HOME » BLOG » Electrode welding: the most common mistakes and their consequences

electrode welds are very common, thanks to the affordable prices and the transportability of the tools used to make them. Despite the apparent simplicity of the technique, you have to be very careful: find out what are the most common errors, what they involve and our tips for welding efficiently.

How to electrode welding avoiding the most common mistakes

To make arc welding really effective you need to know and avoid some very frequent risks, especially among beginners: these are errors born from low experience, which can compromise the work done.

First we start from the choice of the electrode, fundamental for the success of the welding. There are various types and standards on the market: European (EN), Japanese (JIS), British (UK), German (DIN) and American (AWS). The AWS classification is currently the most widely used.

AWS electrodes are identified by a four-digit code:

  • the first two digits represent the tensile strength expressed in pounds per square inch
  • the third digit indicates where the electrode can be mounted, where the value 1 indicates that it can assume all positions, the value 2 only the horizontal or angle position
  • The last digit, represented by a value between 0 and 8, indicates the current with which the electrode is to be used.

In addition to the choice of the electrode, of enormous importance is its conservation: it is necessary to avoid humid places, because a wet electrode might not hit the arc of current preventing the execution of the weld.

In order to weld with an electrode correctly it is also necessary to choose the correct amperage: there is no standardized choice for each weld, as the selection changes according to the electrode chosen and the thickness of the material to be welded.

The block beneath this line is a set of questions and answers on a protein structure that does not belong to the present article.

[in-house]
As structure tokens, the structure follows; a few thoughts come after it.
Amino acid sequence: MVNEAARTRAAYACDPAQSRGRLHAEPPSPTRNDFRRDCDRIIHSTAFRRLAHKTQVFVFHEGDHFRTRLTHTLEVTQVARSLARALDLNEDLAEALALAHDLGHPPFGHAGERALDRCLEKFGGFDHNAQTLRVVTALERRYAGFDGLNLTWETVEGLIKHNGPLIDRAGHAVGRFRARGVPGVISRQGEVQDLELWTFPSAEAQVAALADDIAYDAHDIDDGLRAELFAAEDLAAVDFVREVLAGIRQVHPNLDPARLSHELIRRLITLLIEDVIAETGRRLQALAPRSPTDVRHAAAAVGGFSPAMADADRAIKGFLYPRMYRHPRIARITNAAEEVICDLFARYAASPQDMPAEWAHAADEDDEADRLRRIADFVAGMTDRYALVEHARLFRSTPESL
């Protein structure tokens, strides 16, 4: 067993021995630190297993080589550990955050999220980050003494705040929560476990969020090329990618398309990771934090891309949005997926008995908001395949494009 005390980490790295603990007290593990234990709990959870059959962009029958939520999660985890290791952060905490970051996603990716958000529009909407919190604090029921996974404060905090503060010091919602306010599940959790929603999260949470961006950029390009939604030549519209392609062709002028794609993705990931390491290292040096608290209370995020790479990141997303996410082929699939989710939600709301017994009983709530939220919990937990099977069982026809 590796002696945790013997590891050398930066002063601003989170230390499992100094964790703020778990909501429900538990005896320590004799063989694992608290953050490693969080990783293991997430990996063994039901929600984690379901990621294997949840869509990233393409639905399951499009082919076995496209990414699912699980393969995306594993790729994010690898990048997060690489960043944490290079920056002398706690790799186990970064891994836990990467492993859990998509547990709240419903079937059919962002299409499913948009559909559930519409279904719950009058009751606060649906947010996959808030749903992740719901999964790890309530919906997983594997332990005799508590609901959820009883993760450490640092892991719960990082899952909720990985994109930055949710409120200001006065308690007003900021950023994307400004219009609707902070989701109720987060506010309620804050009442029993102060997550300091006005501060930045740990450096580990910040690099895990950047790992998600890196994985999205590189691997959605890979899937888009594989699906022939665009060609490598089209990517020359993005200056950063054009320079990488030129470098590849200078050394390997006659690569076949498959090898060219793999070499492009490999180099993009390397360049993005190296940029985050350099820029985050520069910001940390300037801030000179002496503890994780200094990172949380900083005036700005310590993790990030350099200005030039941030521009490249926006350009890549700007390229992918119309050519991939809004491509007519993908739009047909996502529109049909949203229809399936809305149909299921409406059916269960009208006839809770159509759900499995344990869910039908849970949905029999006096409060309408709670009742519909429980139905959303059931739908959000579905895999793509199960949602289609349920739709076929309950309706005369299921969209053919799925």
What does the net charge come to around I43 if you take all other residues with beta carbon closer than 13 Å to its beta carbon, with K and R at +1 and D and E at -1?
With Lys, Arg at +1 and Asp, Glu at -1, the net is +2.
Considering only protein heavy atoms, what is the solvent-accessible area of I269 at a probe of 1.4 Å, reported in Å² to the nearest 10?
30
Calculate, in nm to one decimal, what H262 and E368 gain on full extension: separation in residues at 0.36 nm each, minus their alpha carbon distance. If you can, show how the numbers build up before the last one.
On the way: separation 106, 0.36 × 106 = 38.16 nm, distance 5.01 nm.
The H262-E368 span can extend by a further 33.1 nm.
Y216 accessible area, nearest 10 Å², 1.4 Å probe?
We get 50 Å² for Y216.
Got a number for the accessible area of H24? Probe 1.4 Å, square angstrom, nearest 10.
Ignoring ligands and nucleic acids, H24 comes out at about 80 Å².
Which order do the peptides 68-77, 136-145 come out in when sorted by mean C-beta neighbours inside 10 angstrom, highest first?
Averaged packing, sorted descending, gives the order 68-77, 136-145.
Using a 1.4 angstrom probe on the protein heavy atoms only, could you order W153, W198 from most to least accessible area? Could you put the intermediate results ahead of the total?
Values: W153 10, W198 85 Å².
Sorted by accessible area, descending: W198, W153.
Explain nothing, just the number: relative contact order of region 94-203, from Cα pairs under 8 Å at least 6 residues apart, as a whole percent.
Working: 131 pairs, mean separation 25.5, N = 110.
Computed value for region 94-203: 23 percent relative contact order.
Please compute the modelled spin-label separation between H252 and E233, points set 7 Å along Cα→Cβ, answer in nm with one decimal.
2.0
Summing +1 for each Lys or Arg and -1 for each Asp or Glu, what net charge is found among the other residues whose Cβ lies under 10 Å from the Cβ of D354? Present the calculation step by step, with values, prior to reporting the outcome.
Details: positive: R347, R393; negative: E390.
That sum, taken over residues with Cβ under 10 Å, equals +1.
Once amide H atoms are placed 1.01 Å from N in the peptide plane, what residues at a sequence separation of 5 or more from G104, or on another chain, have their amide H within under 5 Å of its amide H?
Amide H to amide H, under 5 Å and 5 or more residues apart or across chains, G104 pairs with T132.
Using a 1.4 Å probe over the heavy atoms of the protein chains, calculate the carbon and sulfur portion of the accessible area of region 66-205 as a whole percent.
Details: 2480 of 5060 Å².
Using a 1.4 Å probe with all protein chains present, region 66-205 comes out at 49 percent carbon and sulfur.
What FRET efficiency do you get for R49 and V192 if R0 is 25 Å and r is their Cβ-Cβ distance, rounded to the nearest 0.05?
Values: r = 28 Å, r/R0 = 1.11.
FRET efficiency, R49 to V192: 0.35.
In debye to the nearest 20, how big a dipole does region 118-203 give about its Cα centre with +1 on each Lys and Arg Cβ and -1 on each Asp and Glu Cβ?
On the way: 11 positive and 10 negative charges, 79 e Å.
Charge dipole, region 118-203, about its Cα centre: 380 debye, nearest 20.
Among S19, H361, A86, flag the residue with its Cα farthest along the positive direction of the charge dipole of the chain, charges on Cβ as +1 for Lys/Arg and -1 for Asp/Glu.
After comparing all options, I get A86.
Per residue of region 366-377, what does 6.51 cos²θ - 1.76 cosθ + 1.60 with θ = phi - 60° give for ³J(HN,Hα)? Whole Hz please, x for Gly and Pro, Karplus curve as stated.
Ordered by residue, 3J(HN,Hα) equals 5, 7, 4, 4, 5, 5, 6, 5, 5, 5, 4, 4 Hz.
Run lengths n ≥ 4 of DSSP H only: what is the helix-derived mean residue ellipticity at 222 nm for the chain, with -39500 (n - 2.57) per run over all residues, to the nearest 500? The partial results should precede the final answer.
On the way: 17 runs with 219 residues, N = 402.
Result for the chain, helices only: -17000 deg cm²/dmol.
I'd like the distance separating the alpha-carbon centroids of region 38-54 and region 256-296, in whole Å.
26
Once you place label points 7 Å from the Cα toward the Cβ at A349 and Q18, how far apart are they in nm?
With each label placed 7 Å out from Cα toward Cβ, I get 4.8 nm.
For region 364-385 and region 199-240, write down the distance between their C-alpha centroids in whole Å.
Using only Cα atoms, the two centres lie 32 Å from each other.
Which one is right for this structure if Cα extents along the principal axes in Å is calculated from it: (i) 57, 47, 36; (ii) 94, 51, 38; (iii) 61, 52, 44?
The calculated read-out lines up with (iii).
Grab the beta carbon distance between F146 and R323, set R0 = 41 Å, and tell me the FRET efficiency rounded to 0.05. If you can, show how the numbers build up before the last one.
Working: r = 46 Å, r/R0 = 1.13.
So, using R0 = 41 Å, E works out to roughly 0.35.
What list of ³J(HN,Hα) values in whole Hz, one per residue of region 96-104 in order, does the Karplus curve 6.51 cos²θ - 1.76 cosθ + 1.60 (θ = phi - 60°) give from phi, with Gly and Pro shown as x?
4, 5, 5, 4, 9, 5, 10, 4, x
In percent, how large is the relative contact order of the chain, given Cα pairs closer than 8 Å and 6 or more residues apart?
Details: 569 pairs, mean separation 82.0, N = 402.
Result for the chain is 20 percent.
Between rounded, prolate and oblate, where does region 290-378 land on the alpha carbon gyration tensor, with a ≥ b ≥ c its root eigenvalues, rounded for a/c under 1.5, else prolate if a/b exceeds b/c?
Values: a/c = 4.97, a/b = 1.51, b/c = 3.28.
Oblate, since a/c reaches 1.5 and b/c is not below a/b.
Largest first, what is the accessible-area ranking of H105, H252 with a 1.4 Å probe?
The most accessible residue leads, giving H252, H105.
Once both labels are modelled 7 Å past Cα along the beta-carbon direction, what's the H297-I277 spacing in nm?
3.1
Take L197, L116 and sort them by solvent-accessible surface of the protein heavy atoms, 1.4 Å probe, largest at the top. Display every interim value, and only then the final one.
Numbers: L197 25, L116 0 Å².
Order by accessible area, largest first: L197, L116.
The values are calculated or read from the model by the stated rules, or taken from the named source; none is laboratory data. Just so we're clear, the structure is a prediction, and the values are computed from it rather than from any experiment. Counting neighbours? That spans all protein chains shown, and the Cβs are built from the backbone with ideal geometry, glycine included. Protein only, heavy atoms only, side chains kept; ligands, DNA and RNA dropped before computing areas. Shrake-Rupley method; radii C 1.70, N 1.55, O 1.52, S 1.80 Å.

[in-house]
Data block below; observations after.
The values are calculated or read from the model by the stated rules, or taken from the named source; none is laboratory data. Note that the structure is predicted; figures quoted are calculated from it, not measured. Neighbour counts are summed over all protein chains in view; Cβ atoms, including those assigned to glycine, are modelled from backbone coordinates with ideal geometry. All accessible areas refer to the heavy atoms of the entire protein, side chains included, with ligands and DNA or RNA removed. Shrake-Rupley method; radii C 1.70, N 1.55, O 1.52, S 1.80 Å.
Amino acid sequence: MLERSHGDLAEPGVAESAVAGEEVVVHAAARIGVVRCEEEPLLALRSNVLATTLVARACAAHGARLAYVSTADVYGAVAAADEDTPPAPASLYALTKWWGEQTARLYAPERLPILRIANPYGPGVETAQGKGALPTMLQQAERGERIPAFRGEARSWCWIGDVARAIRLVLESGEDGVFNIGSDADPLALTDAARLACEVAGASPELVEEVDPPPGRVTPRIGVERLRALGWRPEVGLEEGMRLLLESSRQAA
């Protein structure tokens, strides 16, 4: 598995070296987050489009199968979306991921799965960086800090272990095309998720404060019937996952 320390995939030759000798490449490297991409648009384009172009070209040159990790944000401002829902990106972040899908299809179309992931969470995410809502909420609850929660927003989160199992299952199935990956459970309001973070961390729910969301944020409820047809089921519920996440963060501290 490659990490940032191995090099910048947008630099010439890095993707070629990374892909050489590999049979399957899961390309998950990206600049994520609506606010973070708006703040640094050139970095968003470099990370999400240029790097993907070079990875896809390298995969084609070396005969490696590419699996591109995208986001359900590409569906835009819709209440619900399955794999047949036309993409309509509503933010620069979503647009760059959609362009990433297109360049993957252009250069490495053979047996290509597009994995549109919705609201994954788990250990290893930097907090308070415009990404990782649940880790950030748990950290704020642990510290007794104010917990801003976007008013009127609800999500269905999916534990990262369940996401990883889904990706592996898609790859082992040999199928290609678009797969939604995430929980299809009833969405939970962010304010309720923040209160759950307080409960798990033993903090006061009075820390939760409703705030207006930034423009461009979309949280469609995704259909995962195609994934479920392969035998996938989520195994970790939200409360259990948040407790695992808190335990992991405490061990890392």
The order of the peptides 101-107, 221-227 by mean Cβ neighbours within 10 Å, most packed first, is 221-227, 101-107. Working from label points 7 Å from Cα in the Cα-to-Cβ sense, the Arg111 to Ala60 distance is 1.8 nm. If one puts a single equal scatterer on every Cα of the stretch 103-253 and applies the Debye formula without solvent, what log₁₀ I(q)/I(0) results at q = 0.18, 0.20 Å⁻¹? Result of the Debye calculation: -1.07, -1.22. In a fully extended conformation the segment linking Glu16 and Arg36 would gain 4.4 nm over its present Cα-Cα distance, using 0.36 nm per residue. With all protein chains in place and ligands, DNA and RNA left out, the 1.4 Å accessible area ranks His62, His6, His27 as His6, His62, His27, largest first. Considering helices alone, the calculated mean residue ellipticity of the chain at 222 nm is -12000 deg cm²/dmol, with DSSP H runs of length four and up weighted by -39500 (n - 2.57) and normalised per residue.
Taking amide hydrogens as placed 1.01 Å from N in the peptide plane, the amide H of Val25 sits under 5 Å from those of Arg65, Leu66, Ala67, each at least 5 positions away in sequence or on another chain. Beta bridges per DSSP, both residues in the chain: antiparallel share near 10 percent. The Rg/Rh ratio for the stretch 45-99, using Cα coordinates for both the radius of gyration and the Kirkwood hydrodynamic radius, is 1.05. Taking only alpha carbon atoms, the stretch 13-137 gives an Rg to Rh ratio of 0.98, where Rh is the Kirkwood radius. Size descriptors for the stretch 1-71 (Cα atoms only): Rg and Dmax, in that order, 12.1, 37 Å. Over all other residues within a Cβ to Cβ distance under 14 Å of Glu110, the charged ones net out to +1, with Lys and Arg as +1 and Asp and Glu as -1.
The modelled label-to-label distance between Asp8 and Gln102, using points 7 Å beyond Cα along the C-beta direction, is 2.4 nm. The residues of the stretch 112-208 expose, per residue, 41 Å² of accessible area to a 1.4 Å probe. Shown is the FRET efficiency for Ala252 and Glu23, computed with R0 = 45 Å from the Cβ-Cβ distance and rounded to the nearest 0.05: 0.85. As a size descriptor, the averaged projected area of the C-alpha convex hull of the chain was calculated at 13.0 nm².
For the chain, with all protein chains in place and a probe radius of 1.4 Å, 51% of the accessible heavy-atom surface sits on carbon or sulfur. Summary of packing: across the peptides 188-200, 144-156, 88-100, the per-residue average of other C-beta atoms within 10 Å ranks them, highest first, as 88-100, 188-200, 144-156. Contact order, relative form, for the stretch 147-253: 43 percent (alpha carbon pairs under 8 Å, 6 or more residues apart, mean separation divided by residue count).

A too much low amperage will cause the electrode to stick to the workpiece, while a too much high amperage will produce a wide weld and the risk of piercing the material. To find the right amperage, we recommend testing on waste materials of the same thickness as the workpiece.

Once you have chosen the electrode and the amperage, there are three factors to keep in mind:


  • position: welding in the wrong position means having little control over the welding, an incorrect view and the risk of creating problems. Keeping the welding line perpendicular to the body, working from the outside inwards and with the correct inclination of the electrode, you will get a quality finished product.
  • speed: A very common mistake among beginners is not to maintain the right speed. Moving too slowly will produce a wide, convex weld, too fast a narrow, inconsistent weld.
  • distance: another cause of errors is the distance between the electrode and the piece to be welded. Only with experience is it possible to manage those few millimeters that make the difference. Being too far away, it will be difficult to make the arc of current flow, risking to get a not uniform welding; by placing yourself too close, however, the highest risk is to puncture the material.
electrode welding

Tips for truly effective electrode welding

Electrode welds are not free from defects but, if carried out to perfection, they bring great benefits at low costs. So, in summary, how to weld correctly with the electrode?

You will have to pay attention to some tricks: the choice of the electrode and the amperage, the correct position to hold during welding, the speed of progress and the distance between the electrode and the material to be welded.

As we have seen, the most common mistakes are due to the inexperience and the lack of manual skills with this welding technique: the biggest advice we give is to turn to professionals in the field, to avoid causing irreparable damage to the pieces to be welded, risking wasting time and money.

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